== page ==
It’s hard to believe. The tulips can’t believe it either. Sunshine. Warmth. Blue Sky.
Somehow I feel this image says much about our relationship with planet earth. I’m wondering what you think?
Location: Little Haven, Pembrokeshire
Baleful is Debbie’s word for today
Well, it’s almost a circle, this gorgeous tulip. And it does come with its own bee. And I’m sure everyone who has had fun with March squares in squares and circles in squares will want to say a big ‘hurrah’ and thank you to BeckyB for keeping us so alert and amused with this challenge even as she’s moved between two countries and not been very well.
Not only has it been fun, this challenge has also opened my eyes to the quite surprising compositional dynamic of the square format. Laura (at Eljaygee) and I have been having a bit of chat about this. If you go to her post linked here you can see a range of photos that she feels have been given new life by applying a square crop. It’s all fascinating stuff, and anything that makes you LOOK with fresh eyes is always a bonus.
THANK YOU BECKY AND HAPPY EASTER
March Square Please visit BeckyB for her final March Square
Six Word Saturday Debbie has also been doing some fine squares so I’m also linking to her 6WS – another challenge that keeps us thinking as well as viewing.
Sometimes it takes me a long time to reach the allotment. I set off with great purpose, shouldering a big bag of vegetable waste for the the compost heap. It is only a short hike across the field, although after rain it can be treacherously slithery, thus requiring due care and attention to avoid all outbreaks of undignified slippage. And then there are the distractions. And if I happen to have a camera in my pocket: well then, gardening must wait.
So that’s what happened when I spotted these apples that someone had slung over their hedge in the autumn. During the winter the blackbirds had nibbled the insides so neatly that only the skins remained. Not only that, the delicate apple ‘shells’ had now accrued quite new and surprising properties. Lying scattered in downtrodden grass and browning leaves, they were now capturing and emitting that too rare glow of winter sunshine. Thank you, blackbirds. A fine light show.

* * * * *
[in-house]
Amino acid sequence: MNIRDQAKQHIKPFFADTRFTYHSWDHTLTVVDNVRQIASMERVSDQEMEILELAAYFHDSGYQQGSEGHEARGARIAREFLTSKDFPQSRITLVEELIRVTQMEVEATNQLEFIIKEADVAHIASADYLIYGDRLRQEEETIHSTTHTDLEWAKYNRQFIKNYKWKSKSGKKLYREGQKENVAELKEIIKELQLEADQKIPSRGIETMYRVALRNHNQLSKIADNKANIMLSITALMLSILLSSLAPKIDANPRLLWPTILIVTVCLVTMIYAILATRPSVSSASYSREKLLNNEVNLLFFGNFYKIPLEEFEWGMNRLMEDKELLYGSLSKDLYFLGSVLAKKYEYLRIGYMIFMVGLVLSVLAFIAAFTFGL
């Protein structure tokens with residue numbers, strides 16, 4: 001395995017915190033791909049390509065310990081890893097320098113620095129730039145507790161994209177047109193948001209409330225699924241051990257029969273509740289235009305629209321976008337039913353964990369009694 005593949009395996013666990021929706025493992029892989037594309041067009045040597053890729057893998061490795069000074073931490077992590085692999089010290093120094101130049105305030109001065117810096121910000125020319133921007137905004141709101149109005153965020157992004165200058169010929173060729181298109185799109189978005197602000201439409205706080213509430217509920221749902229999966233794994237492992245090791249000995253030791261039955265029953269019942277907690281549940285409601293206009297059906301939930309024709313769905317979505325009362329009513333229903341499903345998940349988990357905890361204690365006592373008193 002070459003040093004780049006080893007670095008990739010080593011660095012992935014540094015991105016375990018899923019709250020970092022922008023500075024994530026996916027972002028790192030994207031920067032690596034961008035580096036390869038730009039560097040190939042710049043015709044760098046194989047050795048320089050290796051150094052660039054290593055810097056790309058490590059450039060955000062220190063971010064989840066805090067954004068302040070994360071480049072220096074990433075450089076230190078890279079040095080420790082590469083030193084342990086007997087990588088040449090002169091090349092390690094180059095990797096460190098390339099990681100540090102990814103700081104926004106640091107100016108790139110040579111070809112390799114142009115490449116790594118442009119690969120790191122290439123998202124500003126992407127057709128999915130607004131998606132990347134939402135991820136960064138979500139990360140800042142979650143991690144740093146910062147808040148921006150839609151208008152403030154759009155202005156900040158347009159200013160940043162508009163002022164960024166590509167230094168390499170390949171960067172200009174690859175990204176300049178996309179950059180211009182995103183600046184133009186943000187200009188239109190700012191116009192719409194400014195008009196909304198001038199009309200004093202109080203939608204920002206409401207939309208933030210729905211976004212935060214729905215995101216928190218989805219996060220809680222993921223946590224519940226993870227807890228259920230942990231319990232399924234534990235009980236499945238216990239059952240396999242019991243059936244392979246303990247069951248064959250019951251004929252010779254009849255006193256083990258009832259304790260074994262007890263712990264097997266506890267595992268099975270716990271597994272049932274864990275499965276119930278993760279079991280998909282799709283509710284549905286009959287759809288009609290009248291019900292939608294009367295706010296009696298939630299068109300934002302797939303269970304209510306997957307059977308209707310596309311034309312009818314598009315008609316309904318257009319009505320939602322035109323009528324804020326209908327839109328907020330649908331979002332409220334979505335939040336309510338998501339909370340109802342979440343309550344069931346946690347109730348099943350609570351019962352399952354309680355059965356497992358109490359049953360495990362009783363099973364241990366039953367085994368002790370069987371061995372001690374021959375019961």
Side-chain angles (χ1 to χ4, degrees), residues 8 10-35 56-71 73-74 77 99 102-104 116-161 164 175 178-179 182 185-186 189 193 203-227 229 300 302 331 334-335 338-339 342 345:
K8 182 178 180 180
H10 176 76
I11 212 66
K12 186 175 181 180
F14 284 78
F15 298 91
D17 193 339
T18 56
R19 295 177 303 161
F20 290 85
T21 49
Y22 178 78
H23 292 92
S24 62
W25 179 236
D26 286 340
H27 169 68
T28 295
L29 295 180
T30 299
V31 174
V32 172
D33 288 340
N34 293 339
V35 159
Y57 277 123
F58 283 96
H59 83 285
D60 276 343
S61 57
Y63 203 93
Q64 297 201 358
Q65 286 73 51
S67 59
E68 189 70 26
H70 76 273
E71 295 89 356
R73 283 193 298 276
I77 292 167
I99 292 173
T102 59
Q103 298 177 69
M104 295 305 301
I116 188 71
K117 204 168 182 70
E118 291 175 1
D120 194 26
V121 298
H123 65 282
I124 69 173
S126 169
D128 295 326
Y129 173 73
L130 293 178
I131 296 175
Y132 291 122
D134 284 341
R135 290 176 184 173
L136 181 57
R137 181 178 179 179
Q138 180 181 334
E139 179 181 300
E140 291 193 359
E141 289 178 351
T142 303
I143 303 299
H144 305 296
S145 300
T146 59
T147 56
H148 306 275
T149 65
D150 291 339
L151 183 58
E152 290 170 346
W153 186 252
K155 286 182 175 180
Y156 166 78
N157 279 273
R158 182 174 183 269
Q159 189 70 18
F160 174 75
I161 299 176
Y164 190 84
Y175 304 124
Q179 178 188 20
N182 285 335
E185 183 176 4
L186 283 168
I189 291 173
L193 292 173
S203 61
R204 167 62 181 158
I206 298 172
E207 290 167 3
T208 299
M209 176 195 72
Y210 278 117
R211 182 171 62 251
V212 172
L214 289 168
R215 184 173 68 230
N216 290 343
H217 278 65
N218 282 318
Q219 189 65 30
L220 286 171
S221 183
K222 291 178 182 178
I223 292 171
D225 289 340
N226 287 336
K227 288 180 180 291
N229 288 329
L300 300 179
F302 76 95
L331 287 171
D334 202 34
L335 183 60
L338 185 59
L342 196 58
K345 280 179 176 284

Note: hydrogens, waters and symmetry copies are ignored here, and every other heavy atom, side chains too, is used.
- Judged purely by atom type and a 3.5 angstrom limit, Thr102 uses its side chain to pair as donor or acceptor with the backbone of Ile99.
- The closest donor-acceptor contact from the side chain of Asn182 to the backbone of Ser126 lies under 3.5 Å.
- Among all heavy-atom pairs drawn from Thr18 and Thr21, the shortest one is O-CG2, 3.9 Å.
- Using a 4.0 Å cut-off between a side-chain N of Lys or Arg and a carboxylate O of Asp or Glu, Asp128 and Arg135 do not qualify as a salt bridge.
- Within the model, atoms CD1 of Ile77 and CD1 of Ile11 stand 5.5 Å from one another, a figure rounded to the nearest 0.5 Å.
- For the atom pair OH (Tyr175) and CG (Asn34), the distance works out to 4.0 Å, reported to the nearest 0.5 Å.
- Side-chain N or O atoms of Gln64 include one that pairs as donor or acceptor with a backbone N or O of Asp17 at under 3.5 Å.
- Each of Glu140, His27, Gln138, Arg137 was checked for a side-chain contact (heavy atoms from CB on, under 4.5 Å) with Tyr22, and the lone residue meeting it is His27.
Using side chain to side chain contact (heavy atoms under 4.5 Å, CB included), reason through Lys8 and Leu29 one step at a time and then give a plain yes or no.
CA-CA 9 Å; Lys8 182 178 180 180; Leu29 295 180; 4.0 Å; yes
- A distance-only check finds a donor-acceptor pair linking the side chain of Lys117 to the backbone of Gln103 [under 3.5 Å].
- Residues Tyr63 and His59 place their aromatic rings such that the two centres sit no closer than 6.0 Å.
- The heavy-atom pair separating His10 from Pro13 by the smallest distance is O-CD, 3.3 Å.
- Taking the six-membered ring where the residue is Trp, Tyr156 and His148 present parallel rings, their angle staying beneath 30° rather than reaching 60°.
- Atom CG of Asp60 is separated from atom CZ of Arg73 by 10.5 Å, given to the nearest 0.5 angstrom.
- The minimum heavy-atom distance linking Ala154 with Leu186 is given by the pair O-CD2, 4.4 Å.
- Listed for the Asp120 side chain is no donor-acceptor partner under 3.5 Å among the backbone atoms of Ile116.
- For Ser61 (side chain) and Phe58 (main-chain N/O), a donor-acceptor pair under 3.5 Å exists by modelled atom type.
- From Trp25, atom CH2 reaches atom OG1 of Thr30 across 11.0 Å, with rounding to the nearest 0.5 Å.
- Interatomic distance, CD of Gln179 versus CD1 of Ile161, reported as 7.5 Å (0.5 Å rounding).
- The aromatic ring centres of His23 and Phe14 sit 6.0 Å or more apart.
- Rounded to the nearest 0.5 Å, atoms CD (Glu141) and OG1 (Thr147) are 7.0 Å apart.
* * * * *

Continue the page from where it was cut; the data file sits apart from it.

copyright 2018 Tish Farrell
The continuing freezing temperatures in the Britain made me think of this photo, taken back in December. Now I have cropped and enlarged it, it looks like a Christmas Tree bauble, a piece of intricate glass. I also imagine I see a cloaked figure, a woman I think, fleeing for her life on a galloping horse. Or else it looks like a Victorian woman’s reticule, soft velvet with a drawstring closure. Or perhaps one of Scrooge’s stash of money bags.
How it formed like this, suspended from a coat thread caught on a barbed wire fence up at the allotment, I have no idea. It just goes to show that we do not need to know the hows and whyfors and whats of something to see its wonder. When I found it, I thought the elements had left me a gift.
Copyright 2018 Tish Farrell
Explore the use of anonymity to express both that which is common to all of us and the uniqueness that stands out even when the most obvious parts of us are hidden.
I don’t remember ever seeing lesser celandines flowering in January. They are at least a month too soon, and this one has clearly been around a while, and much rained on. Snowdrops, though, are timely, and they are cropping up everywhere in gardens and wooded margins around the town.
All the footpaths are very waterlogged and slithery. On our walk yesterday it was necessary to stop at intervals to de-mud the boots and stop growing giants’ feet. This also gave me the chance to photograph the highland cattle in the Cutlins meadow, the sheep in the Priory park, and puddles on the track to Bradley Farm. Welcome to Much Wenlock in January.
Six Word Saturday Please pop over to Debbie’s to see her very astonishing photo